The claim that “SSRIs don’t work” or “SSRIs are mostly just placebo” is most commonly associated with Irving Kirsch, a man with the awesome job title of “Associate Director Of The Program For Placebo Studies at Harvard”.(fun fact: there’s actually no such thing as “Placebo Studies”, but Professor Kirsch’s belief that he directs a Harvard department inspires him to create much higher-quality research.) In 1998, he published a meta-analysis of 19 placebo-controlled drug trials that suggested that almost all of the benefits of antidepressants were due to the placebo effect.There was never much more evidence for the serotonin hypothesis than that chemicals that increased serotonin tended to treat depression – making the argument that “antidepressants are biochemically justified because they treat the low serotonin that is causing your depression” kind of circular.Saying “Serotonin treats depression, therefore depression is, at root, a serotonin deficiency” is about as scientifically grounded as saying “Playing with puppies makes depressed people feel better, therefore depression is, at root, a puppy deficiency”.Psychiatrists denounced him, saying that you can choose pretty much whatever studies you want for a meta-analysis.After biding his time for a decade, in 2008 he struck back with another meta-analysis, this being one of the first papers in all of medical science to take the audacious step of demanding all the FDA’s data through the Freedom of Information Act.There is large publication bias in the antidepressant literature 4.The effect size of antidepressants is clinically insignificant 5.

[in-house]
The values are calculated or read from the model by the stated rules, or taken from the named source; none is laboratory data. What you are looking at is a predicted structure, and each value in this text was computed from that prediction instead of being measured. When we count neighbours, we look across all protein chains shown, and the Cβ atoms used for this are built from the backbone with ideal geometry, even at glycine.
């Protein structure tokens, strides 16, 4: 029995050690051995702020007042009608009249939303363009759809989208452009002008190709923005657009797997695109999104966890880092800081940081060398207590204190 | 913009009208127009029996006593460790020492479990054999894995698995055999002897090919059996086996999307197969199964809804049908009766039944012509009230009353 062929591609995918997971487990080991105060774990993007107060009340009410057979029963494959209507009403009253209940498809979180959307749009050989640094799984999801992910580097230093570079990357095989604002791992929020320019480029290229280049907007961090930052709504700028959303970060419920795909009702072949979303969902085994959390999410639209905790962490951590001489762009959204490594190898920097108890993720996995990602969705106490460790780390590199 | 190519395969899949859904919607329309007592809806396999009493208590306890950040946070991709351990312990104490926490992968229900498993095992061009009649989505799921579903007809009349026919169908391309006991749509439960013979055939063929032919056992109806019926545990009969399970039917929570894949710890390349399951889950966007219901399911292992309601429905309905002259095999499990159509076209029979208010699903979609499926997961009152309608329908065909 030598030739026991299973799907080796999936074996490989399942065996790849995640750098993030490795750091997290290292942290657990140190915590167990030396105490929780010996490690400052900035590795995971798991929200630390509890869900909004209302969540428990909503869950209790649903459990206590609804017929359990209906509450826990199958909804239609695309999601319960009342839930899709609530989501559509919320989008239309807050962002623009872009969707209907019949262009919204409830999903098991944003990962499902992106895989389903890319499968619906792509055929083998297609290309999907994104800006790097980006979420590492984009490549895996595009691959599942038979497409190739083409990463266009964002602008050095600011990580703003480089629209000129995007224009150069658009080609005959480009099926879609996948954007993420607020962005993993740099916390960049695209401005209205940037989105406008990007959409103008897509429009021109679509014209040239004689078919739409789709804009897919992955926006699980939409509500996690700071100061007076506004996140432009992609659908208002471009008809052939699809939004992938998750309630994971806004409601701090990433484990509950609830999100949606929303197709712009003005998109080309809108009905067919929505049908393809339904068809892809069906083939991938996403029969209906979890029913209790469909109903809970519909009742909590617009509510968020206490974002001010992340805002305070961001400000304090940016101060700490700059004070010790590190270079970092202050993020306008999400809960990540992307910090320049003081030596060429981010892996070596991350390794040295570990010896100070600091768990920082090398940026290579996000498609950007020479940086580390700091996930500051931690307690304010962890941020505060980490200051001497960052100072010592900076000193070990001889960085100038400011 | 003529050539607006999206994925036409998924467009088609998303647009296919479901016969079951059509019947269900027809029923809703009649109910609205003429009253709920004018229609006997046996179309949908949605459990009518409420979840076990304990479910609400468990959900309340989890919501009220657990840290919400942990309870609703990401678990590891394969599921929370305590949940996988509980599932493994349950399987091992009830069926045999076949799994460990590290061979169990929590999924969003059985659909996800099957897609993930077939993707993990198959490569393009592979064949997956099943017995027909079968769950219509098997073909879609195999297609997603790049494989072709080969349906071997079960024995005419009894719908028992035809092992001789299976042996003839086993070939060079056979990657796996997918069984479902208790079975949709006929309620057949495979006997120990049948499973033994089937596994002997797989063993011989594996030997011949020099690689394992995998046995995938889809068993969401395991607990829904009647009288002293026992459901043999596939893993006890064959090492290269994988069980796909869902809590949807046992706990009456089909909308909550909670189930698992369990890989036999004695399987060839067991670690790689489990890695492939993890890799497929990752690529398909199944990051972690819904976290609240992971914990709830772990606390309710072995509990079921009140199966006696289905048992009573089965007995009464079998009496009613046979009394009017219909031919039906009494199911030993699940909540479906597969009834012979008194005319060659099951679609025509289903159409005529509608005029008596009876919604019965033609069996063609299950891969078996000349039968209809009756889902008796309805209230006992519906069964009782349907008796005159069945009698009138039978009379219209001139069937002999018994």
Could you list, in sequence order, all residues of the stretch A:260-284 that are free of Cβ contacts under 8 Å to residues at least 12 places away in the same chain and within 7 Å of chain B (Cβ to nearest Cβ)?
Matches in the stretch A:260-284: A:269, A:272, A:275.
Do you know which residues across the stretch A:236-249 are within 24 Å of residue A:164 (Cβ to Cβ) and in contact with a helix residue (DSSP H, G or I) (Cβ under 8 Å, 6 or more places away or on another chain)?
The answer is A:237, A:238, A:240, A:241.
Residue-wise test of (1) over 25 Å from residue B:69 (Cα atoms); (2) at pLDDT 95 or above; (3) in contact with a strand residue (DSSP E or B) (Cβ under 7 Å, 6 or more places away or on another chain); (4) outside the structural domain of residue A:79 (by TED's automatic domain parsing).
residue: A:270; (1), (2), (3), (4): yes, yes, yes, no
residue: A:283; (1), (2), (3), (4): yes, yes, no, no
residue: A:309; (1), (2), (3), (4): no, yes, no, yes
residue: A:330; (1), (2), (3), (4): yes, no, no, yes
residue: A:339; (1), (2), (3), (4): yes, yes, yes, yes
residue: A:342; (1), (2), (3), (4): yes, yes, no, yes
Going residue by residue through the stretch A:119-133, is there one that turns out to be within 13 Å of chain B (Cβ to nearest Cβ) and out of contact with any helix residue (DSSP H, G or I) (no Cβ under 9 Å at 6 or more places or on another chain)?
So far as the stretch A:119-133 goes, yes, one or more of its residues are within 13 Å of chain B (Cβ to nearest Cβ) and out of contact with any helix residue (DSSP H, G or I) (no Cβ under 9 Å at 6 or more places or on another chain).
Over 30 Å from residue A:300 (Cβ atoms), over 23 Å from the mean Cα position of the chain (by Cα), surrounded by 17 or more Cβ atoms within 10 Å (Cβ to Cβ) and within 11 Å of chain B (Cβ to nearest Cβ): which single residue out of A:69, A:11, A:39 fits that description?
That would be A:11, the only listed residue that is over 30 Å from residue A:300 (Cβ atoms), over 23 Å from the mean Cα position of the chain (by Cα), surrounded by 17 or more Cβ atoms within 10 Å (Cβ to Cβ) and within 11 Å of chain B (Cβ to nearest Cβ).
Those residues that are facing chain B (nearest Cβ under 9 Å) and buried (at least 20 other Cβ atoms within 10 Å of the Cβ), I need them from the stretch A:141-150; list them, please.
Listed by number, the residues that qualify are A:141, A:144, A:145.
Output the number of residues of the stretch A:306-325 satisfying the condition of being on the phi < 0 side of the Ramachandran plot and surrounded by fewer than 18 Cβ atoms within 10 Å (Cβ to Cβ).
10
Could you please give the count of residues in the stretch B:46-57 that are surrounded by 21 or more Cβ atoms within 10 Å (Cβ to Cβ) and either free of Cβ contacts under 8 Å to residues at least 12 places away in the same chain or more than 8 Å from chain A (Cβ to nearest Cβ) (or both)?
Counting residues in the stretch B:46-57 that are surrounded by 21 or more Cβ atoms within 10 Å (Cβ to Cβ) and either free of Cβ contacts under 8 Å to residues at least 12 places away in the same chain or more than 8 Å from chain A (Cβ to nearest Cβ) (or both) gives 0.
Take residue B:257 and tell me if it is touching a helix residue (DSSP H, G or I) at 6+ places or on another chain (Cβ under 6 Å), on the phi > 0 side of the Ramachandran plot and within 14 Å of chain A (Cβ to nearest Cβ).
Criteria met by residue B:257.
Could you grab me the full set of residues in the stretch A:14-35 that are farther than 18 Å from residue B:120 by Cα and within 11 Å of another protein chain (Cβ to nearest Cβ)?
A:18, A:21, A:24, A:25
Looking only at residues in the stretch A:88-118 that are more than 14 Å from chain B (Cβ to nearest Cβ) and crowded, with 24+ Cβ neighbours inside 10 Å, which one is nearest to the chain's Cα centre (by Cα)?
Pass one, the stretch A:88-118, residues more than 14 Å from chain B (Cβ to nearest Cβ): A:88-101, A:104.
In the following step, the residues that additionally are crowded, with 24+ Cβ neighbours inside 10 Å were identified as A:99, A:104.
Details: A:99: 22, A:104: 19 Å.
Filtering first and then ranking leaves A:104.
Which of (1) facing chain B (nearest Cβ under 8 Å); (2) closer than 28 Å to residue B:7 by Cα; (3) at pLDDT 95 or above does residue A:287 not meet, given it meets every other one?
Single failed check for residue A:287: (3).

While it is an exaggeration to say they have no side effects (see above) they are an obvious improvement over older classes of medication in this regard.For patients with very severe depression, the benefit of medications over placebo is substantial.Of course, a very large number of antidepressants are given to people with mild or moderate depression. Let me sort the debate about antidepressants into a series of complaints: 1.The whole thing became less tenable with the discovery that several chemicals that didn’t increase serotonin were also effective antidepressants – not to mention one chemical, tianeptine, that decreases serotonin.